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Urinary Tract Infection

Posted: Wed Jan 18, 2012 8:09 pm
by tkud8
Has anyone experienced getting good results of treating UTI using vit. C?

My toddler is complaining about pain in his lower tummy..
He's currently on abx due to infection from his cold that was not responding to mega-C and stosstherapy..
After 6 days of fever w/o fever suppressant, I surrendered to abx.. and that stopped his fever after the 2nd dose..

I'm being very paranoid if he is having some other problem.. :(

So far no other symptoms.. and the abx that he is taking supposed to cover URI and UTI as well..

I am hoping to try if vit. C would help..

Re: Urinary Tract Infection

Posted: Wed Jan 18, 2012 8:10 pm
by tkud8
I am waiting to get urine sample from him for doc to verify.. He is currently napping..
So until then, i'm trying to put on whatever armor that is available..

Thanks in advance..

Re: Urinary Tract Infection

Posted: Wed Jan 18, 2012 9:23 pm
by majkinetor
Effects of pH, Nitrite, and Ascorbic Acid on Nonenzymatic Nitric Oxide Generation and Bacterial Growth in Urine

Nitrite may be generated by bacteria in urine during urinary tract infections. Acidification of nitrite results in the formation of nitric oxide (NO) and other reactive nitrogen oxides, which are toxic to a variety of microorganisms. We have studied NO formation and bacterial growth in mildly acidified human urine containing nitrite and the reducing agent vitamin C. Urine collected from healthy subjects was incubated in closed syringes at different pH values with varying amounts of nitrite and/or ascorbic acid added. NO generation was measured in headspace gas using a chemiluminescence technique. A similar setup was also used to study the growth of three strains of bacteria in urine. Mildly acidified nitrite-containing urine generated large amounts of NO and this production was greatly potentiated by ascorbic acid. The growth of Escherichia coli, Pseudomonas aeruginosa, and Staphylococcus saprophyticus was markedly reduced by the addition of nitrite to acidified urine. This inhibition was enhanced by ascorbic acid. In conclusion, we show that the growth of three common urinary pathogens is markedly inhibited in mildly acidified urine when nitrite is present. The bacteriostatic effect of acidified nitrite is likely related to the release of NO and other toxic reactive nitrogen intermediates. These results may help to explain the well-known beneficial effects of urinary acidification with, e.g., vitamin C in treatment and prevention of urinary tract infection.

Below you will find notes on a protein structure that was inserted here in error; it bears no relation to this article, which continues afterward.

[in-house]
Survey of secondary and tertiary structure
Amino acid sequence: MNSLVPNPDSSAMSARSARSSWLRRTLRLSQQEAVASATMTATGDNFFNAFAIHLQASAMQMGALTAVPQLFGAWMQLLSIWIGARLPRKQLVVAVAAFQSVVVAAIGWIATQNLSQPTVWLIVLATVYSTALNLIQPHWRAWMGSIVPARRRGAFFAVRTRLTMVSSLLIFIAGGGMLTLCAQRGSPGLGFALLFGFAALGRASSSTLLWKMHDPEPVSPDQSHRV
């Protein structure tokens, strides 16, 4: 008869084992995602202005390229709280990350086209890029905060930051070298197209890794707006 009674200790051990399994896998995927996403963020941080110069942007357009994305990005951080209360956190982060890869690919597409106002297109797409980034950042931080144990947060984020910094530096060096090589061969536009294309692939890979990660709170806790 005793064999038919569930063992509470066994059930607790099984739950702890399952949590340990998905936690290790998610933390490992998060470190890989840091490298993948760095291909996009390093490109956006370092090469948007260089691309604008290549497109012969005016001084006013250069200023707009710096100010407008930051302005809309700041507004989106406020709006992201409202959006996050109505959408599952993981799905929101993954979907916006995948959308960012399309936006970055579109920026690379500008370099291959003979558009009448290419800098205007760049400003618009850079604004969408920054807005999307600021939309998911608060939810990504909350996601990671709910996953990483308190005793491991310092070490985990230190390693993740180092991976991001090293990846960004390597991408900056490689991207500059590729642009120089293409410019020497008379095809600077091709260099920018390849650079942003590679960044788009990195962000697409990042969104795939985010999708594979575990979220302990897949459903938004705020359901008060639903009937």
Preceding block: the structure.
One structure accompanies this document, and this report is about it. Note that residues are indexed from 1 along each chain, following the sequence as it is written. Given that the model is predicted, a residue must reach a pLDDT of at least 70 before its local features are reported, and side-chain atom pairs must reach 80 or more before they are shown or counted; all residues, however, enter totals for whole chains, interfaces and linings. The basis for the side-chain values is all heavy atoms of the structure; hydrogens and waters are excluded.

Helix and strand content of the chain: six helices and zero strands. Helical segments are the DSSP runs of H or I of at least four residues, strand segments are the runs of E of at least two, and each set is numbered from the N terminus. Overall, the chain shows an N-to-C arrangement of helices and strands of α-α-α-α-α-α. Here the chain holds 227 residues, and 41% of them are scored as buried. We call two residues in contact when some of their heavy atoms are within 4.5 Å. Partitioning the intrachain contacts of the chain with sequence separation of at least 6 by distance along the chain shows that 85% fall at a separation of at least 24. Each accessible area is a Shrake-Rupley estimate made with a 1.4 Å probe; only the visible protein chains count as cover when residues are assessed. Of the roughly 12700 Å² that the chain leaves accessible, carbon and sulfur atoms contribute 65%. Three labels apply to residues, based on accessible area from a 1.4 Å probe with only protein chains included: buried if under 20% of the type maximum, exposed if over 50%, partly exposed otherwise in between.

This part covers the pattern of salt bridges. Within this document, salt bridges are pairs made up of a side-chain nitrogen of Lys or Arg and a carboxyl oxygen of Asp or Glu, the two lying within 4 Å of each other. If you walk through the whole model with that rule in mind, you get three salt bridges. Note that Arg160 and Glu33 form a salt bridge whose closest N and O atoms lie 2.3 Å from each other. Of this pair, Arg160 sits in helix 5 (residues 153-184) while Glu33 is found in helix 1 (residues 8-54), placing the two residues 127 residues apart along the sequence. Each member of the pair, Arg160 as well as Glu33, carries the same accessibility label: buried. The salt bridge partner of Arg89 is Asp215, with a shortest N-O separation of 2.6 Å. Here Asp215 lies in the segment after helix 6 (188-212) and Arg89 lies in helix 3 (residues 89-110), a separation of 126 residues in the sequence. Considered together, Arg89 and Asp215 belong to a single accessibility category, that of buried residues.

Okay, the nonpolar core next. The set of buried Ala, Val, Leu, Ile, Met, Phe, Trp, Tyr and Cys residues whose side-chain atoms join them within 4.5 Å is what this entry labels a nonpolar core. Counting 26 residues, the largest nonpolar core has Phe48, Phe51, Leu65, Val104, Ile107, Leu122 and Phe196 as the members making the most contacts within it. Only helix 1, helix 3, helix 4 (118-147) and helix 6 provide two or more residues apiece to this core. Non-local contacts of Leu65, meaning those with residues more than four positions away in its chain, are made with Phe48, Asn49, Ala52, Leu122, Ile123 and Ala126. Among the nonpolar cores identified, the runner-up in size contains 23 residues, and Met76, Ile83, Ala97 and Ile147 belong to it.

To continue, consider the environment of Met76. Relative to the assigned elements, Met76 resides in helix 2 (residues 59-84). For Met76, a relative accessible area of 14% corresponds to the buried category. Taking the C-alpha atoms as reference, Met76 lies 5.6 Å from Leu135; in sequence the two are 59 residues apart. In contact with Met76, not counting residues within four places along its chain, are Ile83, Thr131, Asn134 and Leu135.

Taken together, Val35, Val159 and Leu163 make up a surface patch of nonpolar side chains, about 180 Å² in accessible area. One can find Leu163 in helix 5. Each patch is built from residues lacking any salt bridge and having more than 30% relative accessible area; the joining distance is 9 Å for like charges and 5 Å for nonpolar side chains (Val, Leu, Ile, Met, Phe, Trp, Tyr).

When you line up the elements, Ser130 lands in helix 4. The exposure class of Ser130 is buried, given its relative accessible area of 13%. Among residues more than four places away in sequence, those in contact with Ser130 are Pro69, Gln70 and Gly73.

Re: Urinary Tract Infection

Posted: Fri Jan 20, 2012 3:10 am
by tkud8
Just wanna "close" this..

It was a false alarm.. my son was alright after all.. he didn't display anymore pain in his tummy until now..
We didn't do the urine sample in the end..

I appreciate the article.. Have been searching high-low for such article..

Thanks again..